Thursday, June 3, 2010

Oasis of the Zombies (France, 1981)

"Let’s get some bottles to make Molotov Cocktails like at school."
(Statement made by some zombie fodder during the climactic scene.)

A productive filmmaker, Franco has made films that are surreally great, such as A Virgin among the Living Dead (1973); films that are intriguingly bad, such as Succubus (1968 / trailer) or the celebrated Vampiros Lesbos (1971 / trailer); and films that are simply shitty—Oasis of the Zombies is the last. It is an exercise in patchwork narrative and padding, and regrettably plays like one.
According to most sources, the legendary Italian filmmaker Jess Franco was given this project after he left the equally ridiculous but oddly more entertaining Euro Z-zombie flick Le Lac des morts vivants / Zombie Lake (1981 / trailer). The legendary French filmmaker Jean Rollin ended up finishing Zombie Lake, which has longed gained a rightful reputation as one of the most laughably engaging Eurotrash fiascos.
To put it simply, Franco bailed from a slow, hilariously crappy French film to make a not very hilarious but still crappy and slow and very boring European film. (Twice over, in fact, as he filmed this flick in two versions at the same time, one French and one Spanish, with minor cast changes.) As hilariously bad as Zombie Lake is, it pales in comparison to Oasis of the Zombies, which is far from amusing even though it is dumbfounding bad. Going by the location, number of extras, trucks and explosions, Oasis of the Zombies probably even had the bigger budget of the two films, but Oasis of the Zombies also has worse dubbing, more consistently inane dialogue and plot development, less gore, less breasts, less zombie action—or action in general—less continuity, less logic, and less anything else that might help make it an enjoyable viewing experience.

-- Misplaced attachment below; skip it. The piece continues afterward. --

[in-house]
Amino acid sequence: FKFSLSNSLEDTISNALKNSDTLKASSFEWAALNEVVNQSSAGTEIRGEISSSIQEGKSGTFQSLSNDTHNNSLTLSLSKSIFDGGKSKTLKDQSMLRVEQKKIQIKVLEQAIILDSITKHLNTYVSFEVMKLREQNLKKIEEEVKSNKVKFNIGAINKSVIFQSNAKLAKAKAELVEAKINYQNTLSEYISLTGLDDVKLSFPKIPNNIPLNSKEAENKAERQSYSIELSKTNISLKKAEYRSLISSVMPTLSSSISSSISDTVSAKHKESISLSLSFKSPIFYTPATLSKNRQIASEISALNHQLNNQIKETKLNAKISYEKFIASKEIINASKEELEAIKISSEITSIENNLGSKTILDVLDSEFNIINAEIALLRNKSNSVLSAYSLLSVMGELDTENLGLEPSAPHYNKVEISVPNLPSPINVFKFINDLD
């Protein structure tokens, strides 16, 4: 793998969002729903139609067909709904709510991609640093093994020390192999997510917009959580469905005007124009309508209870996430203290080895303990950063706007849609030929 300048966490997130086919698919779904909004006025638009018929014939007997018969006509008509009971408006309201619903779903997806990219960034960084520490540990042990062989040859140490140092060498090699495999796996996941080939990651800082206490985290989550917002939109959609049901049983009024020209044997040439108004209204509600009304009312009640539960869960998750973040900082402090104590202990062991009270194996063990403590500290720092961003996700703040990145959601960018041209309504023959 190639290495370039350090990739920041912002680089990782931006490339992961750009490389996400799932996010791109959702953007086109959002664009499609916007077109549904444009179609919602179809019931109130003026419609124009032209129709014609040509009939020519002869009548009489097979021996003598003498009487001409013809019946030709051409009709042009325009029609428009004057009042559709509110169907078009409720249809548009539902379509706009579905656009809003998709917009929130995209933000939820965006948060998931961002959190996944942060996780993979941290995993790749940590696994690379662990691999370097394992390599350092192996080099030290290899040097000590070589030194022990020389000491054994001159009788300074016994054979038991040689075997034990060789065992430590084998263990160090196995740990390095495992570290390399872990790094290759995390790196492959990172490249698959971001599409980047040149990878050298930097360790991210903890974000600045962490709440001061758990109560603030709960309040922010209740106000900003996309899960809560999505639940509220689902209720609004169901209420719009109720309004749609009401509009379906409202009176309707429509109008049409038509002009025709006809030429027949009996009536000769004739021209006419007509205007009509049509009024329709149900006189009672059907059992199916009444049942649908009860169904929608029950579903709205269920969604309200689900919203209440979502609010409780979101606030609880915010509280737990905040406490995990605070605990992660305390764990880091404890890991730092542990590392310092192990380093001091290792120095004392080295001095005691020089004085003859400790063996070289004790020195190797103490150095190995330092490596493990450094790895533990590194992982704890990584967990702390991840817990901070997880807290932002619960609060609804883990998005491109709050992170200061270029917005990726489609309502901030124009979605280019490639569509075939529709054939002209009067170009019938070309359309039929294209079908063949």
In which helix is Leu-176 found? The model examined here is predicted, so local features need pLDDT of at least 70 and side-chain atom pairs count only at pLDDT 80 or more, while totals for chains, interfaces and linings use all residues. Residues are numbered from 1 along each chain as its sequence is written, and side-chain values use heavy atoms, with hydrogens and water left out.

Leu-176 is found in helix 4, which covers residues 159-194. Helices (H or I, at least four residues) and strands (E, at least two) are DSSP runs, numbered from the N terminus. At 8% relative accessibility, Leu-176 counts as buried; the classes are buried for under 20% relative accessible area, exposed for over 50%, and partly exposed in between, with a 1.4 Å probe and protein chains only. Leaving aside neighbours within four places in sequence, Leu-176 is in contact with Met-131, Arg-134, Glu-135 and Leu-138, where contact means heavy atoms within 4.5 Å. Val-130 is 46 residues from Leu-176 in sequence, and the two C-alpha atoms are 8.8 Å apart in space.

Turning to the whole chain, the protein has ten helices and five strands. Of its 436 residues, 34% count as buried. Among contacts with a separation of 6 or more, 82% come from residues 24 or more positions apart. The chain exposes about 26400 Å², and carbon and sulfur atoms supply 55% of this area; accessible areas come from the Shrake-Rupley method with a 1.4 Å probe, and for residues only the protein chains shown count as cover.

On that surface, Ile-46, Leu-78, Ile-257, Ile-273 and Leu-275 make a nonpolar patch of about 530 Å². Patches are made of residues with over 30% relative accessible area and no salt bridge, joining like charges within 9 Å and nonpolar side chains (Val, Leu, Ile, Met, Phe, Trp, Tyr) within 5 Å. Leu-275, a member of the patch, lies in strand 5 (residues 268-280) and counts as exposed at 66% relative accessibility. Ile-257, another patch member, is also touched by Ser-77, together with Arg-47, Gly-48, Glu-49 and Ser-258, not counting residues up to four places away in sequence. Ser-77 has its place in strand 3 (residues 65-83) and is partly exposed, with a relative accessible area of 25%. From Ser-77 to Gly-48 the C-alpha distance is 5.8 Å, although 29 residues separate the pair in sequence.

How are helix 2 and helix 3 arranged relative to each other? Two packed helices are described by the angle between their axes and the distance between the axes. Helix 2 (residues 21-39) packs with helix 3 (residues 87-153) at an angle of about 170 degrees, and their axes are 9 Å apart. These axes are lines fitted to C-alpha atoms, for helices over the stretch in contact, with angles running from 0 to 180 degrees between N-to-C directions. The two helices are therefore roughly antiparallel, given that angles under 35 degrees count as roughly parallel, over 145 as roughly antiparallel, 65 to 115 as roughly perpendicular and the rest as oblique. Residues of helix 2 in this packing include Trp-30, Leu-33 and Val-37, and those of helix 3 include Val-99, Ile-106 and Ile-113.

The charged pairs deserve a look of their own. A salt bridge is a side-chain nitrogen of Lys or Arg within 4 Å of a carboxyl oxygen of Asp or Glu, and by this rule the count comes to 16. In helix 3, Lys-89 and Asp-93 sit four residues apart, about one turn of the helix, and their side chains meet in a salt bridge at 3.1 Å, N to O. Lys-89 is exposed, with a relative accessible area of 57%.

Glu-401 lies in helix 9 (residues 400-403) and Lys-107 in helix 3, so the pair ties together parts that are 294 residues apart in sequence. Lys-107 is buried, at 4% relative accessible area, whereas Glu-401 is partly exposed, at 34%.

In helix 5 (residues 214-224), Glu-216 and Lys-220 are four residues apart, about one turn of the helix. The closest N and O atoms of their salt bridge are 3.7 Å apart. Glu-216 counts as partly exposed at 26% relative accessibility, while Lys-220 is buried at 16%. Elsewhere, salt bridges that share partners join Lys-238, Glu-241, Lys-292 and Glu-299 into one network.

Oasis of the Zombies begins with a short intro scene of two young female tourists wandering around an oasis in their nylon disco shorts and tank tops. Although the zombies only attack at day-for-night for the rest of the film, here they do away with the girls in broad daylight and without even ripping off their tops—in fact, for a Eurotrash film of the 80s, remarkably few tops get taken off in this film. Once the credits are over, we meet Kurt (Henri Lambert), a former Nazi colonel out to locate a shipment of gold lost in the desert. He goes to see Captain Blabert (Javier Maiza), gets the information he wants and promptly kills Blabert. Following some stock footage of London, we meet Blabert Jr, Robert (Manuel Gélin), who returns to the family house when hearing about the death of daddy. Going through the family papers, Robert learns of both his roots and the oasis in a long flashback that reveals how his father fought the Nazis during the war and barely escaped with his life; saved by Bedouins, he was nursed back to health by Aisha (Doris Regina), the daughter of his host, Sheik Mohamed Al-Kafir (Antonio Mayans). As thank you, he popped her cherry and returned to war, only to return two years later to find Aisha dead and himself a daddy. Oh, he also learned that the oasis is damned and that those who die there never really die. (Only half true: of all those that died there in the war scenes, it seems that only the Nazis came back.)